Wednesday, April 08, 2009


The public library near me has a food corner where they show off the latest seasonal cookbooks or inspired recipes. When I feel the urge, I always take a look at the books there. The non-fiction section around 641.5 also has shelves of books on food. Some of them focus on a specific cuisine (Italian, Japanese, Southwestern), some on a special dietary need (diabetes, atkins, vegan), some on a special ingredient (eggs! yes, I saw a book on eggs alone, it was cool), and of course some on how to eat on the go, eat healthy, cook for parties, and so on.

When it comes to cookbooks, pictures are everything! Although some old cooking reference books are great for howto lessons, there's nothing more enjoyable than flipping through pages filled with gorgeous food pictures. I remember Borders had a series of cookbooks where the author visited various region (China, Italy, France) and came back with recipes and photos of dishes and sites. Those were somewhat unwieldy but who wouldn't want to get that for their coffee table? 

My parents always rattled off the three categories to judge a good dish when I was younger. I'm sure they work for all dishes, not just Chinese food.
1. Appearance (pleasing to the eye, presentation) 
2. Fragrance (pleasing to the nose, well...maybe stinky cheese and stinky tofu are exceptions)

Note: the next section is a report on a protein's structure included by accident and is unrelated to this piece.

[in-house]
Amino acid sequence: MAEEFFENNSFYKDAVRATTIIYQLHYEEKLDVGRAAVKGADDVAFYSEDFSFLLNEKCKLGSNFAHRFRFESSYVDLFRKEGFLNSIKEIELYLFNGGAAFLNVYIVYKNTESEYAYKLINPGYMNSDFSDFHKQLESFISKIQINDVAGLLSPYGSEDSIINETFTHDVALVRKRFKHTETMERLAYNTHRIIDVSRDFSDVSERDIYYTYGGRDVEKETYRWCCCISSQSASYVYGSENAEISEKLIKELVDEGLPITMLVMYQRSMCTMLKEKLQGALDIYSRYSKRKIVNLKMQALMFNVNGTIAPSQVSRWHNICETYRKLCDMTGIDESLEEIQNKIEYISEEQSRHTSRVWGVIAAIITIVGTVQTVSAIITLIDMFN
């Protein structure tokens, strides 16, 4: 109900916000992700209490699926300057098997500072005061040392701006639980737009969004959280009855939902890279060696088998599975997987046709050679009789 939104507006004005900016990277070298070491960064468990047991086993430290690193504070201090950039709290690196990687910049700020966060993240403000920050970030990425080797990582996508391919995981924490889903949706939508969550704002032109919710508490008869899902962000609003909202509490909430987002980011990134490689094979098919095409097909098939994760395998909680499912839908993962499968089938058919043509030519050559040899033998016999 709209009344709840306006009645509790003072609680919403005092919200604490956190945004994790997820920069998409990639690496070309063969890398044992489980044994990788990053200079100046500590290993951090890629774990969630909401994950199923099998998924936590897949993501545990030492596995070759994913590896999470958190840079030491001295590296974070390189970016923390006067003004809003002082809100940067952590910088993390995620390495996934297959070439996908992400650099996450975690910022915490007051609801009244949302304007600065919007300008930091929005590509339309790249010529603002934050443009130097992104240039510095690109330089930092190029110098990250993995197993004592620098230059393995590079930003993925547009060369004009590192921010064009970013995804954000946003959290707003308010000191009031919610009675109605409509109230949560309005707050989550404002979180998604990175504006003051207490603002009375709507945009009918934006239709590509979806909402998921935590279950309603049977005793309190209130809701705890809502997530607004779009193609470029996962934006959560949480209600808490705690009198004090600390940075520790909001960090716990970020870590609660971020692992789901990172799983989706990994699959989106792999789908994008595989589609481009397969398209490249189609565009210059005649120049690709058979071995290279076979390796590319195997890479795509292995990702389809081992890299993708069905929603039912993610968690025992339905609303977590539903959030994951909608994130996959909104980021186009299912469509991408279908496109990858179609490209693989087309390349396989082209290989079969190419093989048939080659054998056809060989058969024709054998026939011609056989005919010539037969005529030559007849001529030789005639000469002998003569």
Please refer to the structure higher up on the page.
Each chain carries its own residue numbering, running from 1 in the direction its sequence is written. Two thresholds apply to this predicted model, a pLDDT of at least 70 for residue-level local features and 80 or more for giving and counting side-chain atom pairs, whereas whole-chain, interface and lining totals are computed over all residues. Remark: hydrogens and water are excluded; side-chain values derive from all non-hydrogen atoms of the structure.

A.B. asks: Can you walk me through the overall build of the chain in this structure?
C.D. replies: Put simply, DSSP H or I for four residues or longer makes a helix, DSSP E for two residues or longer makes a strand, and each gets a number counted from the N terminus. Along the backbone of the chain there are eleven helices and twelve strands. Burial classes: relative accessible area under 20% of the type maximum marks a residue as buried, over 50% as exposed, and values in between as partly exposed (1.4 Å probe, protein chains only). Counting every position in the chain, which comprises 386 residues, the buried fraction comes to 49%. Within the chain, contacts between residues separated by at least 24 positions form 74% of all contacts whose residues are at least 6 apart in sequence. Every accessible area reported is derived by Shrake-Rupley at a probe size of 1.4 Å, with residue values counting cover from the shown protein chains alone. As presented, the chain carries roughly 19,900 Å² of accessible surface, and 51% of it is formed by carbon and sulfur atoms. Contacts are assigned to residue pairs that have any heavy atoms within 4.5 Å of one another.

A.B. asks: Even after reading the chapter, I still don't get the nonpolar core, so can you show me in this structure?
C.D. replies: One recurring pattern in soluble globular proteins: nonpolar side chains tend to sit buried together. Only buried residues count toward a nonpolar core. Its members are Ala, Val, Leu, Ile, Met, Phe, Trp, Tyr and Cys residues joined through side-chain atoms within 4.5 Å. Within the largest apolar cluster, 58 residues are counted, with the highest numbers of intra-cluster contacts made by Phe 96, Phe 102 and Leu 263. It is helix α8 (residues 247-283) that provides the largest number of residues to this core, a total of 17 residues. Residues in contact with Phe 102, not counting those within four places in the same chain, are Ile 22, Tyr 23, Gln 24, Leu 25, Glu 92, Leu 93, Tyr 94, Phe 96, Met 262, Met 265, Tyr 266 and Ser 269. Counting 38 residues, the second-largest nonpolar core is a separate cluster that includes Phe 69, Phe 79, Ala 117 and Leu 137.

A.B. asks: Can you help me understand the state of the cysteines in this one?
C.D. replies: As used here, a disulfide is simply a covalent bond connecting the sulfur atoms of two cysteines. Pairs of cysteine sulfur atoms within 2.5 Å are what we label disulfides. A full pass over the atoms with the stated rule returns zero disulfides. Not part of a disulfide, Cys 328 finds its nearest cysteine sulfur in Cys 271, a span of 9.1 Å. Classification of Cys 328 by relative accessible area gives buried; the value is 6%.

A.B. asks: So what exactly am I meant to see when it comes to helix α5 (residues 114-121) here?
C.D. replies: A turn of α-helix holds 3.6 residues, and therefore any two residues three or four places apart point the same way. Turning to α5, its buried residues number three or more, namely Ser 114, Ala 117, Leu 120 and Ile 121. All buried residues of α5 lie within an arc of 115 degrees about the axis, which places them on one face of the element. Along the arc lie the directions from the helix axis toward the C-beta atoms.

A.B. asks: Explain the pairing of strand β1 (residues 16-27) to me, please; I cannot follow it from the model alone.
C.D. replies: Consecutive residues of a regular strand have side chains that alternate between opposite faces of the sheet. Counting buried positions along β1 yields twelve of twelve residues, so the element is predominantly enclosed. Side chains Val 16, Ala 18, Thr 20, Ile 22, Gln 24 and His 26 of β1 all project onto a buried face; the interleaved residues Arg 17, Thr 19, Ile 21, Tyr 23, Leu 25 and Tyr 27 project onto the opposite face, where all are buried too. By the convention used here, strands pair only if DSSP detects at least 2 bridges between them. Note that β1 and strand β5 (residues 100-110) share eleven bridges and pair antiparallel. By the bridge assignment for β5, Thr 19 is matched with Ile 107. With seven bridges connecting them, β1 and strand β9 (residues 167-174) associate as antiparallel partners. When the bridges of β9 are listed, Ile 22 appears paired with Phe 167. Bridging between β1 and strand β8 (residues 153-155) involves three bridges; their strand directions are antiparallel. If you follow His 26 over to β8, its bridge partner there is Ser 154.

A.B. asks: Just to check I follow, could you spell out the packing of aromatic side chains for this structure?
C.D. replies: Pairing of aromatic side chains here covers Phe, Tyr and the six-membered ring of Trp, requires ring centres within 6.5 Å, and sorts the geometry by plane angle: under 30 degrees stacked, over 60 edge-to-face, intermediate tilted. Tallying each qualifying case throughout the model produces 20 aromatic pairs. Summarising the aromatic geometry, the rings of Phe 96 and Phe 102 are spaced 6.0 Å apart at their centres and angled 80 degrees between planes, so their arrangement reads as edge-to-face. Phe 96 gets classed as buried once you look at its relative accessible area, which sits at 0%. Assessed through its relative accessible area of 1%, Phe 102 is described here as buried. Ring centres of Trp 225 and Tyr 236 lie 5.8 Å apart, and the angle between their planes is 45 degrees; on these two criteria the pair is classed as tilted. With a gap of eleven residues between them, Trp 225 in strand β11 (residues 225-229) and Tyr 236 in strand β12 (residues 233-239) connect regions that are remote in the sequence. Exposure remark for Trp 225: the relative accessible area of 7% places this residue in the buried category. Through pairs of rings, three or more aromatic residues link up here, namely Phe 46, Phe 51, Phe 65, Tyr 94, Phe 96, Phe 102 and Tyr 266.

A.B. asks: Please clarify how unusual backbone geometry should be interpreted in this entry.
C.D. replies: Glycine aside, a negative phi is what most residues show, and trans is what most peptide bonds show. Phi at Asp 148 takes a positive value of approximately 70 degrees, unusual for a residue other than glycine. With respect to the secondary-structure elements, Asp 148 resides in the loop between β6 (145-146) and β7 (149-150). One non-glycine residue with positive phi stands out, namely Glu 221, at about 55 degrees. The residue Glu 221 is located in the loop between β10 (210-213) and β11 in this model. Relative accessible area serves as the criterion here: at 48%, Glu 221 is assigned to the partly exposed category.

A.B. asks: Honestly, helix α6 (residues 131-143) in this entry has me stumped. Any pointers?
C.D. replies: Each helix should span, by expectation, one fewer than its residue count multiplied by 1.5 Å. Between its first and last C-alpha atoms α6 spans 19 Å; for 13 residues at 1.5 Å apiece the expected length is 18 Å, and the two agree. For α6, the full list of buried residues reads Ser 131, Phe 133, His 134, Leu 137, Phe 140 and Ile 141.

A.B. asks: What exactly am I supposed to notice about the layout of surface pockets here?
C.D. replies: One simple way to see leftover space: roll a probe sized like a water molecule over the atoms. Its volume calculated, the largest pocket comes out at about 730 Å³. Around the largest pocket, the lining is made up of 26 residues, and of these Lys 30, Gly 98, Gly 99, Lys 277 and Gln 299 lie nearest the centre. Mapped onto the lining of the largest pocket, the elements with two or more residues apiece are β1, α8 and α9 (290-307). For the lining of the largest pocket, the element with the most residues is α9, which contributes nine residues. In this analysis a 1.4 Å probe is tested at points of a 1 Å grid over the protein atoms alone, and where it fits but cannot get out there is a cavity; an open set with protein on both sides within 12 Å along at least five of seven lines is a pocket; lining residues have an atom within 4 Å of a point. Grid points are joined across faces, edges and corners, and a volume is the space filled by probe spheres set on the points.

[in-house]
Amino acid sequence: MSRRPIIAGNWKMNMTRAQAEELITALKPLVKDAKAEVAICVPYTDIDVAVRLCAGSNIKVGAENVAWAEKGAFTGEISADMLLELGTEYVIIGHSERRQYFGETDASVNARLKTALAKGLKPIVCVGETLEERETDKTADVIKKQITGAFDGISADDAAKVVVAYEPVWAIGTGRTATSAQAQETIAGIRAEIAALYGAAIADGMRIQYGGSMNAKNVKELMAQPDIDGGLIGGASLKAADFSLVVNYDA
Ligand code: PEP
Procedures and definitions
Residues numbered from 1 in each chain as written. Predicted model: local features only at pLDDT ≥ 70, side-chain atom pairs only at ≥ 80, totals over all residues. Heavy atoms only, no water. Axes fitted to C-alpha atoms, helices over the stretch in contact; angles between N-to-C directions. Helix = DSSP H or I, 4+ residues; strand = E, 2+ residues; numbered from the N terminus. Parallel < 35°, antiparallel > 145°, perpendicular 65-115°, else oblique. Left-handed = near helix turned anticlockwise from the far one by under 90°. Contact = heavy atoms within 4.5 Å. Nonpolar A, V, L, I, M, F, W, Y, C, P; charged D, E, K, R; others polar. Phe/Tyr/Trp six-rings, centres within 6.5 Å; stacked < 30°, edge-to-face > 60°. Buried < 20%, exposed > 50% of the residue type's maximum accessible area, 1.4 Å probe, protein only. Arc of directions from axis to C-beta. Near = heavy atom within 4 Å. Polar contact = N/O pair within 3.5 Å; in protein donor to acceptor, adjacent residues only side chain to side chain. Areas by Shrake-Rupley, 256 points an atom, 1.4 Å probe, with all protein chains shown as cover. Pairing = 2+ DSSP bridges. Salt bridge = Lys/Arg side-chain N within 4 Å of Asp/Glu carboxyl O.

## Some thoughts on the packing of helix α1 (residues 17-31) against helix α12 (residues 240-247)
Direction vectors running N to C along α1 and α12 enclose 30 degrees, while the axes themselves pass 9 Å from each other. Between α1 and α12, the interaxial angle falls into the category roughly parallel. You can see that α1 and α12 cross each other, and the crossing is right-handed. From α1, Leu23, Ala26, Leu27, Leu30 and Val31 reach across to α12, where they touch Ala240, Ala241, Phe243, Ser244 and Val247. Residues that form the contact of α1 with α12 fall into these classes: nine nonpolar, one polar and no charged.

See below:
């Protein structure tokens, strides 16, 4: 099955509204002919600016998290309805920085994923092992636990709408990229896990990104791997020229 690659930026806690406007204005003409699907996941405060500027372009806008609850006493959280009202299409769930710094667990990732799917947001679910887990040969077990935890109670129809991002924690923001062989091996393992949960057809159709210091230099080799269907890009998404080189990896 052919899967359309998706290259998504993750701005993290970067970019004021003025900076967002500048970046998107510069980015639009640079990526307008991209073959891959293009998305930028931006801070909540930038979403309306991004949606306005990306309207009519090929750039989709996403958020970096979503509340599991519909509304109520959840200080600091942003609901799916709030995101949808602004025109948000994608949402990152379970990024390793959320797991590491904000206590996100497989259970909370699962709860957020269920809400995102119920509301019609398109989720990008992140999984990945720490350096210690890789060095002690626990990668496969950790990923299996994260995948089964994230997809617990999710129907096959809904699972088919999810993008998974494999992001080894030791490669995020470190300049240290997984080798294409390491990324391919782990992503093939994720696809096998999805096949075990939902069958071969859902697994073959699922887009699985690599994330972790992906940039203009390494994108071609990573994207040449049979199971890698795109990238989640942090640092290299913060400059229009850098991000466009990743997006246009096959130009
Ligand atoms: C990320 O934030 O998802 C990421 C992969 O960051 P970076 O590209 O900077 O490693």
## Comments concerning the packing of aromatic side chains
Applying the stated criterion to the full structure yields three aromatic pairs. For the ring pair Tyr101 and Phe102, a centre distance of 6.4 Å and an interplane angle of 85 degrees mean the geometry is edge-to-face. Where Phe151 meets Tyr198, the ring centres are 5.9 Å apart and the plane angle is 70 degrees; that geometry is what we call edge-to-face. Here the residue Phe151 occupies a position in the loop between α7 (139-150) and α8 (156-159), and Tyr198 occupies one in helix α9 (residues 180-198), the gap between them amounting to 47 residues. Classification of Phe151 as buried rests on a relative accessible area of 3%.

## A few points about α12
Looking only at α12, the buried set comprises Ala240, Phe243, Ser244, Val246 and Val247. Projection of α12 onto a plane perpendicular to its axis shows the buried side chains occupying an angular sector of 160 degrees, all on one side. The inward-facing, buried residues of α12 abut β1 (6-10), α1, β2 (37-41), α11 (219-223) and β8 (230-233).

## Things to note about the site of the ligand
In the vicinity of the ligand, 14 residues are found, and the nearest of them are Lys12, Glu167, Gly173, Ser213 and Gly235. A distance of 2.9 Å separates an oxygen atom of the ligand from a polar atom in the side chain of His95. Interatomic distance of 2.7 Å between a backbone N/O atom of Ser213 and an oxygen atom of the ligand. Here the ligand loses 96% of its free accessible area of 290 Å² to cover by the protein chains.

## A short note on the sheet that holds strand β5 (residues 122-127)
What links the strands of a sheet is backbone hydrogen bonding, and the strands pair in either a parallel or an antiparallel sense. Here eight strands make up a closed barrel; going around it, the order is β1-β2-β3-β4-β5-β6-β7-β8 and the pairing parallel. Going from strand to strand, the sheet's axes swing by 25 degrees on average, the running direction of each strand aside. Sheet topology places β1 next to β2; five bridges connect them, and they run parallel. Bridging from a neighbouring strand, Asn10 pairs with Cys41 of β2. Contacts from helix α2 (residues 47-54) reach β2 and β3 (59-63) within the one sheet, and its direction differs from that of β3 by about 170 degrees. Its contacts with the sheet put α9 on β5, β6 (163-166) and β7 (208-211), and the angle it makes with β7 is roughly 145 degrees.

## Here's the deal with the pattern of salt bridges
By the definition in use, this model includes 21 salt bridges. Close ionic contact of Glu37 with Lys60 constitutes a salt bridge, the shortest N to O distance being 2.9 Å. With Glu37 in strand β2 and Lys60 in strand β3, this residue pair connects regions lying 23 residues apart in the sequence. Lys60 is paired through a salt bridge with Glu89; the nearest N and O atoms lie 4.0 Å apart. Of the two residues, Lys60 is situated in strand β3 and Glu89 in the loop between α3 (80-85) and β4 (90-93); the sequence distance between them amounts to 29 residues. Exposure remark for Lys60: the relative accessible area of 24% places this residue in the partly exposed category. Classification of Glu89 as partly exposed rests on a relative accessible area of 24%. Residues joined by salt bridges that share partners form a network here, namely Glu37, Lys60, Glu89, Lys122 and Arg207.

3. Taste (pleasing to the tongue, including flavors, combination of ingredients, textures)

For those reasons, I think cookbooks with vibrant colors and presentations really attract the most attention. Fragrance and taste cannot be condensed into book form for consumption and what we have left is really appearance. Which reminds me of another thing, why is FoodNetwork so addictive? Besides the dishes they cook up, the chefs are friendly and smiling, with a cozy kitchen set in the background (even the fridges and cabinets are well stocked). They also make a point to smell and taste the finished product, letting you know that they really enjoyed the dishes. HD FoodNetwork makes the food look even better, no wonder people (including me) watch that channel obsessively. 

Although a lot of recipes can be found online nowadays, I still like to browse through cookbooks. This is probably similiar to the shopping experience. While we can find clothes for sale online, we enjoy going window-shopping, or walk through stores or the mall. Before I figure out what to cook or make, I like to explore the cookbooks for ideas. 

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